Who is to blame for kids’ lack of control when it comes to technology?
Screen Shot 2015-08-25 at 1.46.11 pm


Are toddlers really becoming addicted to technology? There’s certainly a lot of media hype to suggest that they are. See here Kid’s tech tantrum and here Toddler internet addiction.

Footage such as this is often aimed at showing the evils of technology and the myriad ways digital devices engender bad behaviour among children. The footage often shows young children demanding their device from their parents, and throwing loud tantrums when they don’t get it!

When watching footage like this, viewers are often put in a position where they naturally try to apportion blame for such behaviour. In this case, the obvious targets are the technology and even the parents.

As an expert in children, technology and learning, I question the purpose of content such as this, regardless of whether its on prime time TV, headlining a newspapers, or a new addition to a parenting blog. In recent years society has been inundated with scare tactics around children’s increasing use of technology. To date, media articles have blamed technology for various ills in society such as obesity, insomnia, violence, aggression, and language development issues. Unfortunately these scare tactics often succeed, because they cause a sense of guilt among adults and perpetuate a sense of loss of control.

However this type of thinking doesn’t make sense. It suggests that by removing technology from their lives, all children will be fit rather than overweight, and mental health problems such as aggression and depression subsequently diminishing. Children’s health and happiness are essential goals, but magic wand thinking is not going to get us there. Children may be young, but this does not mean their lives are simple. There are multiple factors that contribute to such complex health issues.

The other obvious target of blame when watching footage such as this are the parents themselves, and their seeming lack of ability to control their children’s use of technology. In my recent study of families’ uses of technology in the home, many families and children have multiple devices at their fingertips. In fact this study found many toddlers actually own more than one device!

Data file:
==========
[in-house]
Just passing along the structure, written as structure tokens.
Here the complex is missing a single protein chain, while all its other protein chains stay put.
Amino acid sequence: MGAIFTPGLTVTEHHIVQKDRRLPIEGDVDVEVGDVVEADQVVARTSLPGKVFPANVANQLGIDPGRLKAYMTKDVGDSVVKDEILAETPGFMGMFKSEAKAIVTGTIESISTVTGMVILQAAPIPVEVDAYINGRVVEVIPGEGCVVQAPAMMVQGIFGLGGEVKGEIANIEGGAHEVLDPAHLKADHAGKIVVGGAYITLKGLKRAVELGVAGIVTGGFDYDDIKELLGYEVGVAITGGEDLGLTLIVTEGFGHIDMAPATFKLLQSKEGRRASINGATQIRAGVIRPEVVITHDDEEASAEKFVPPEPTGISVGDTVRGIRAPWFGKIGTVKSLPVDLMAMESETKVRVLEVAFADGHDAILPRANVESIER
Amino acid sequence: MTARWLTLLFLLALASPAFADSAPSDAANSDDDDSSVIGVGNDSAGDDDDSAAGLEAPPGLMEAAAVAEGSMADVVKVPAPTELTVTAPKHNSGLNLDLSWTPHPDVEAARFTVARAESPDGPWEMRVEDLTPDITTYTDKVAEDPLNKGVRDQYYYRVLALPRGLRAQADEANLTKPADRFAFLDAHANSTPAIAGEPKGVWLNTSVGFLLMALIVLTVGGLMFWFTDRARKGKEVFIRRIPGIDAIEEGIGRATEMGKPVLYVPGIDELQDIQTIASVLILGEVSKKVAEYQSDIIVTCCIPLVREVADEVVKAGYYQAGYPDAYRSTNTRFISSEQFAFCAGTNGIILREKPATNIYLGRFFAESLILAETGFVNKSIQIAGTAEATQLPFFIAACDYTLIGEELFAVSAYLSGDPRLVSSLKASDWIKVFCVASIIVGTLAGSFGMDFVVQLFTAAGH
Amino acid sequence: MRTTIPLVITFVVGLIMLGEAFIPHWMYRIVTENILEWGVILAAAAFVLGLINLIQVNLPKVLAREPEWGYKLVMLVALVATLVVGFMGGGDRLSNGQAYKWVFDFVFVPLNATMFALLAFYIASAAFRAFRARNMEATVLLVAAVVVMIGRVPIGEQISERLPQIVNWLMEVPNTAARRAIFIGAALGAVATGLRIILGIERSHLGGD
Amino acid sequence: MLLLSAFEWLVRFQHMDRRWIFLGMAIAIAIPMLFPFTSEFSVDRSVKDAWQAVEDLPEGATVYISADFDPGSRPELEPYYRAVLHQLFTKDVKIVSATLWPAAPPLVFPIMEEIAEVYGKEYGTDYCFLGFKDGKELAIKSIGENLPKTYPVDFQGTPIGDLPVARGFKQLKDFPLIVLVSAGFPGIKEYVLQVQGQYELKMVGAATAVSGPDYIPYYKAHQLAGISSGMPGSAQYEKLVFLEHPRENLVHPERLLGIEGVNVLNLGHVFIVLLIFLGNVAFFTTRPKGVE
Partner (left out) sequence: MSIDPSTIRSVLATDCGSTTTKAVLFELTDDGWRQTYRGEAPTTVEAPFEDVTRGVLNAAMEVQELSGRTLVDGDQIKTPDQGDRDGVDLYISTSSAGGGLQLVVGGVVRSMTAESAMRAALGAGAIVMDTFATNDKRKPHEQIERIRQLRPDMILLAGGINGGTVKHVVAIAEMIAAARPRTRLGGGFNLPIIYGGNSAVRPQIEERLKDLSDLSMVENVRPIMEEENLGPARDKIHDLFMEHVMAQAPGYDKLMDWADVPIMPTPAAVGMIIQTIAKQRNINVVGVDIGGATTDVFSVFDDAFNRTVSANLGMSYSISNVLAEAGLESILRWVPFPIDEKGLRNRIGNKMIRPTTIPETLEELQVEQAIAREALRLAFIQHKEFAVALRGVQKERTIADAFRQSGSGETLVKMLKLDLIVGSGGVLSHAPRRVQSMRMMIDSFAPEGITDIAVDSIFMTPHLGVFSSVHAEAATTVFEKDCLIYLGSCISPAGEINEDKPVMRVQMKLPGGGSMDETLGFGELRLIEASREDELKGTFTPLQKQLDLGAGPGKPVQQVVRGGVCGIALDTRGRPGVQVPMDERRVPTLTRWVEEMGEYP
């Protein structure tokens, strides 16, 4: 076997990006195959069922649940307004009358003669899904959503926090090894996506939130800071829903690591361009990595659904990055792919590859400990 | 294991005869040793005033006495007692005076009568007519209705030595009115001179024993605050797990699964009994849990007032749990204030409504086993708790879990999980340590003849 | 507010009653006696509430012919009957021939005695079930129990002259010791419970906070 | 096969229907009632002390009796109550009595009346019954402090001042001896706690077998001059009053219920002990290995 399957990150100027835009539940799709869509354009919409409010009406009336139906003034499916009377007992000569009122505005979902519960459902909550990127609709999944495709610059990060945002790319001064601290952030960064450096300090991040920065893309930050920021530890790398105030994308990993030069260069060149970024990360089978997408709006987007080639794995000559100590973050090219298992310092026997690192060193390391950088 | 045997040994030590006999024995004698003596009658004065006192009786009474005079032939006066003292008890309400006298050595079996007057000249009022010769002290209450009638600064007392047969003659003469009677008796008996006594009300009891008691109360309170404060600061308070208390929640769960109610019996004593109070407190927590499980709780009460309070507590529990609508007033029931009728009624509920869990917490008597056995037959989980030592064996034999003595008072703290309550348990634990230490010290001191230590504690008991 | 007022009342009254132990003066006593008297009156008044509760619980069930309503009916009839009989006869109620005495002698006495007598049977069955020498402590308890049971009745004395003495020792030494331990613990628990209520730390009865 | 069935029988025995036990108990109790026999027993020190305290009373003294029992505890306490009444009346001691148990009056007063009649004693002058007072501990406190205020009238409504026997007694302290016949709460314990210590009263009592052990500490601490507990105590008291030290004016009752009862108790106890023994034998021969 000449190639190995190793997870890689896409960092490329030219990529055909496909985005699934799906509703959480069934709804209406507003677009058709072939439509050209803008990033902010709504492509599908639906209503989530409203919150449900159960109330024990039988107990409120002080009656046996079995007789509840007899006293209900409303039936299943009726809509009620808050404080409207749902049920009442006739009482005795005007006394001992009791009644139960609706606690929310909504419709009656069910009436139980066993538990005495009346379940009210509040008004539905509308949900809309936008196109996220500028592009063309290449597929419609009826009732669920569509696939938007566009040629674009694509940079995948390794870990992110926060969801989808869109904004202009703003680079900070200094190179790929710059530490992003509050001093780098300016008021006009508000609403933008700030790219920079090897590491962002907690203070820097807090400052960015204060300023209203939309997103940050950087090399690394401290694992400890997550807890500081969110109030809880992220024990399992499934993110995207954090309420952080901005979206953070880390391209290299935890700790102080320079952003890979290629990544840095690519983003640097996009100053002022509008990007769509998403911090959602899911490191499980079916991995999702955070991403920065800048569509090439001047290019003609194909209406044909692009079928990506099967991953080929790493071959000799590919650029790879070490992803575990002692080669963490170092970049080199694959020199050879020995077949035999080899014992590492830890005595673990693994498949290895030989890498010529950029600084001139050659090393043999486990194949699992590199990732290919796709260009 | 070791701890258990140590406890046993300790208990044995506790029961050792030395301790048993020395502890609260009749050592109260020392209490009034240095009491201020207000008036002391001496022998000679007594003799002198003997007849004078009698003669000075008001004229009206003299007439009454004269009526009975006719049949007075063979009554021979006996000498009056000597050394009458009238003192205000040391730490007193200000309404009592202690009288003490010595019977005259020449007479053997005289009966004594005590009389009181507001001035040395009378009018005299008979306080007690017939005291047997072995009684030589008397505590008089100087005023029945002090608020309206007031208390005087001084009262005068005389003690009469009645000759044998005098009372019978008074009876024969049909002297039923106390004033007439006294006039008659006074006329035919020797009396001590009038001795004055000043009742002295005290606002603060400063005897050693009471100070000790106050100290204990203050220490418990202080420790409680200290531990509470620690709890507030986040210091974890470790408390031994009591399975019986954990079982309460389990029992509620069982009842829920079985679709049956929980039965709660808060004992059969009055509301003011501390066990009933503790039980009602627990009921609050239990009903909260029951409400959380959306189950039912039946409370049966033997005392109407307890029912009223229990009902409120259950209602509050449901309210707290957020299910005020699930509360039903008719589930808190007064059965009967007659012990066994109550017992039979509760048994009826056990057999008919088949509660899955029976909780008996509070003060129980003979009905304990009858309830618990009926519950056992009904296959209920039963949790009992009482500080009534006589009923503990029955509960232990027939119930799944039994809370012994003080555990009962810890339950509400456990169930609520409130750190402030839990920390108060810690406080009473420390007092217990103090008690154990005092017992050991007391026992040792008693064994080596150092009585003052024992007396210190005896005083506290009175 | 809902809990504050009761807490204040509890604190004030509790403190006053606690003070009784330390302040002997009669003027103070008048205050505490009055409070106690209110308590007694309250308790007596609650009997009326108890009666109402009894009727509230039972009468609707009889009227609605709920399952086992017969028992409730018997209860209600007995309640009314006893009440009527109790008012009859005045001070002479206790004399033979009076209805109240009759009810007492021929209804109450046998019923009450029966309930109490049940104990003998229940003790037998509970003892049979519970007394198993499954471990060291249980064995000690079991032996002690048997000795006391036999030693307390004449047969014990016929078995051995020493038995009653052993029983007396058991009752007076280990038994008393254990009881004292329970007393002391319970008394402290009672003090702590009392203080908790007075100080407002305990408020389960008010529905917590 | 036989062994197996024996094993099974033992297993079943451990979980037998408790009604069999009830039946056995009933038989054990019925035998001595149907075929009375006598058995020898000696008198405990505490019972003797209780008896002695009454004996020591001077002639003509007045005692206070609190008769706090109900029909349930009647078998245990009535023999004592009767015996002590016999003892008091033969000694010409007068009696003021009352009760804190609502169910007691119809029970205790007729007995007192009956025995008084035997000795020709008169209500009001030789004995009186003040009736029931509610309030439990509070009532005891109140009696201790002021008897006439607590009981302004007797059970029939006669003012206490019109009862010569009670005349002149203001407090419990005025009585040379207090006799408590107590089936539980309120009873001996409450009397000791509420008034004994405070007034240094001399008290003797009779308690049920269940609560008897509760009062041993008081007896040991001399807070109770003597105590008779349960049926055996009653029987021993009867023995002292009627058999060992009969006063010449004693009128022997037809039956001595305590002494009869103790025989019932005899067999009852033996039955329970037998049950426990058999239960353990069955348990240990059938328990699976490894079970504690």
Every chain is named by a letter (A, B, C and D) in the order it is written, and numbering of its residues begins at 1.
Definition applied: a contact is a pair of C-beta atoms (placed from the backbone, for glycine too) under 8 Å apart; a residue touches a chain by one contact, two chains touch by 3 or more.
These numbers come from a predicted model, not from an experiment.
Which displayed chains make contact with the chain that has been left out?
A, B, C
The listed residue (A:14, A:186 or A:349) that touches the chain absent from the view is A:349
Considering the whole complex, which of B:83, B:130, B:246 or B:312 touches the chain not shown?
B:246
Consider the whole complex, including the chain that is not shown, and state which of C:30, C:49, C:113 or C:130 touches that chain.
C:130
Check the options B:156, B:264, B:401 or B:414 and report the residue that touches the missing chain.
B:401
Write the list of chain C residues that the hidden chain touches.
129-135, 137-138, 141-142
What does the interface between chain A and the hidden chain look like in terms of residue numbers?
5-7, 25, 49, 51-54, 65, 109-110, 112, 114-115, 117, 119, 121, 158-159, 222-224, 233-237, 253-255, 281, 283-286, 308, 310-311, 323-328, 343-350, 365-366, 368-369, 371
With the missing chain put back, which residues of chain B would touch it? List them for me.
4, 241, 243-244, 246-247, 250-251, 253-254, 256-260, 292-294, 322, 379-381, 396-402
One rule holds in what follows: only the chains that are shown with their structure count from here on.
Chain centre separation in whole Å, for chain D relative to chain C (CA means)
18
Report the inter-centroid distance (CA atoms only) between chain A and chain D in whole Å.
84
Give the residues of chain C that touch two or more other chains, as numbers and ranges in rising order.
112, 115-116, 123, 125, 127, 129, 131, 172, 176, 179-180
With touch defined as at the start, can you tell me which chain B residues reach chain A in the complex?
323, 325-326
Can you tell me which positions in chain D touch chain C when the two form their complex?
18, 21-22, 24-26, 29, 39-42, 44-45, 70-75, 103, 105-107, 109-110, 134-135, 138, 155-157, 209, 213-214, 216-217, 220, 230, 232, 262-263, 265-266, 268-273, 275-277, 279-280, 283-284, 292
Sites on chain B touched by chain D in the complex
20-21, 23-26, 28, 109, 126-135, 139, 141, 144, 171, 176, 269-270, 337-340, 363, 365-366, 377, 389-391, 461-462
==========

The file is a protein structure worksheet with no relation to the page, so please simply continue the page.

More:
Blaming parents for indulging their children is easy, yet many parents correctly recognise that technology is an essential part of modern life. Many professions now require the use of multiple devices over the course of a working day. In addition, much of our social lives have migrated online, requiring us to make use of technology to stay in touch with our friends. Even government support agencies require individuals go online to make a claim or submit an enquiry. Not allowing children to use devices hampers their ability to engage with the modern world. Research shows that educationally, technology offers many benefits for children such as supporting them to work with more complex ideas at an earlier age, supporting skills in collaboration and problem solving, accelerating learning in the first year of school helping children with learning challenges, and enhancing mathematics learning. School curricula around the word rely on technology for this very reason. If children’s access to technology is restricted, long-term implications for their opportunities to learn may be the ultimate result.

For many parents, it seems we are damned if we do and damned if we don’t. What’s worse- our children growing addicted to their devices, or living a technology free lifestyle and falling behind at school and with their peer groups?

My advice is to shift attention away from the blame game to instead consider our children’s world as it truly is, to focus on facts and reality. Technology has changed our lives, sometimes for the better and sometimes for worse. Children’s love for technology is obvious, and mirrors the devotion many adults have for their devices. Try to take an adult’s mobile off them and see how they react! It’s simply a reality that we can potentially all grow over-reliant on our new gadgets, particularly as technology becomes more embedded in all aspects of our life, if we let it happen. Stopping such extreme practice requires being aware of this possible trajectory, considering how it may manifest, and the possible impact it would have on our own life as well as that of our family.

Balance is the key. We must understand how technology can be properly managed so that the main activities in the home are not family members isolated in their own technological cocoon. New age parenting requires a critical awareness of what it means to be a technology user, fully aware of the value these devices add to our lives, and what can happy when things turn ugly. Media scare tactics can certainly help inform us of the risks technology can pose to our relationships, yet they shouldn’t be our only source of information. Instead of being guided by fear, we must look for reliable discussions informed by research. Information from a wide range of sources will help parents better understand the key issues, to gain more control over our lives and develop meaningful approaches to home life that will take the best of technology, but avoid the worst.

My article was originally published in The Conversation  Read here I WANT MY iPAD!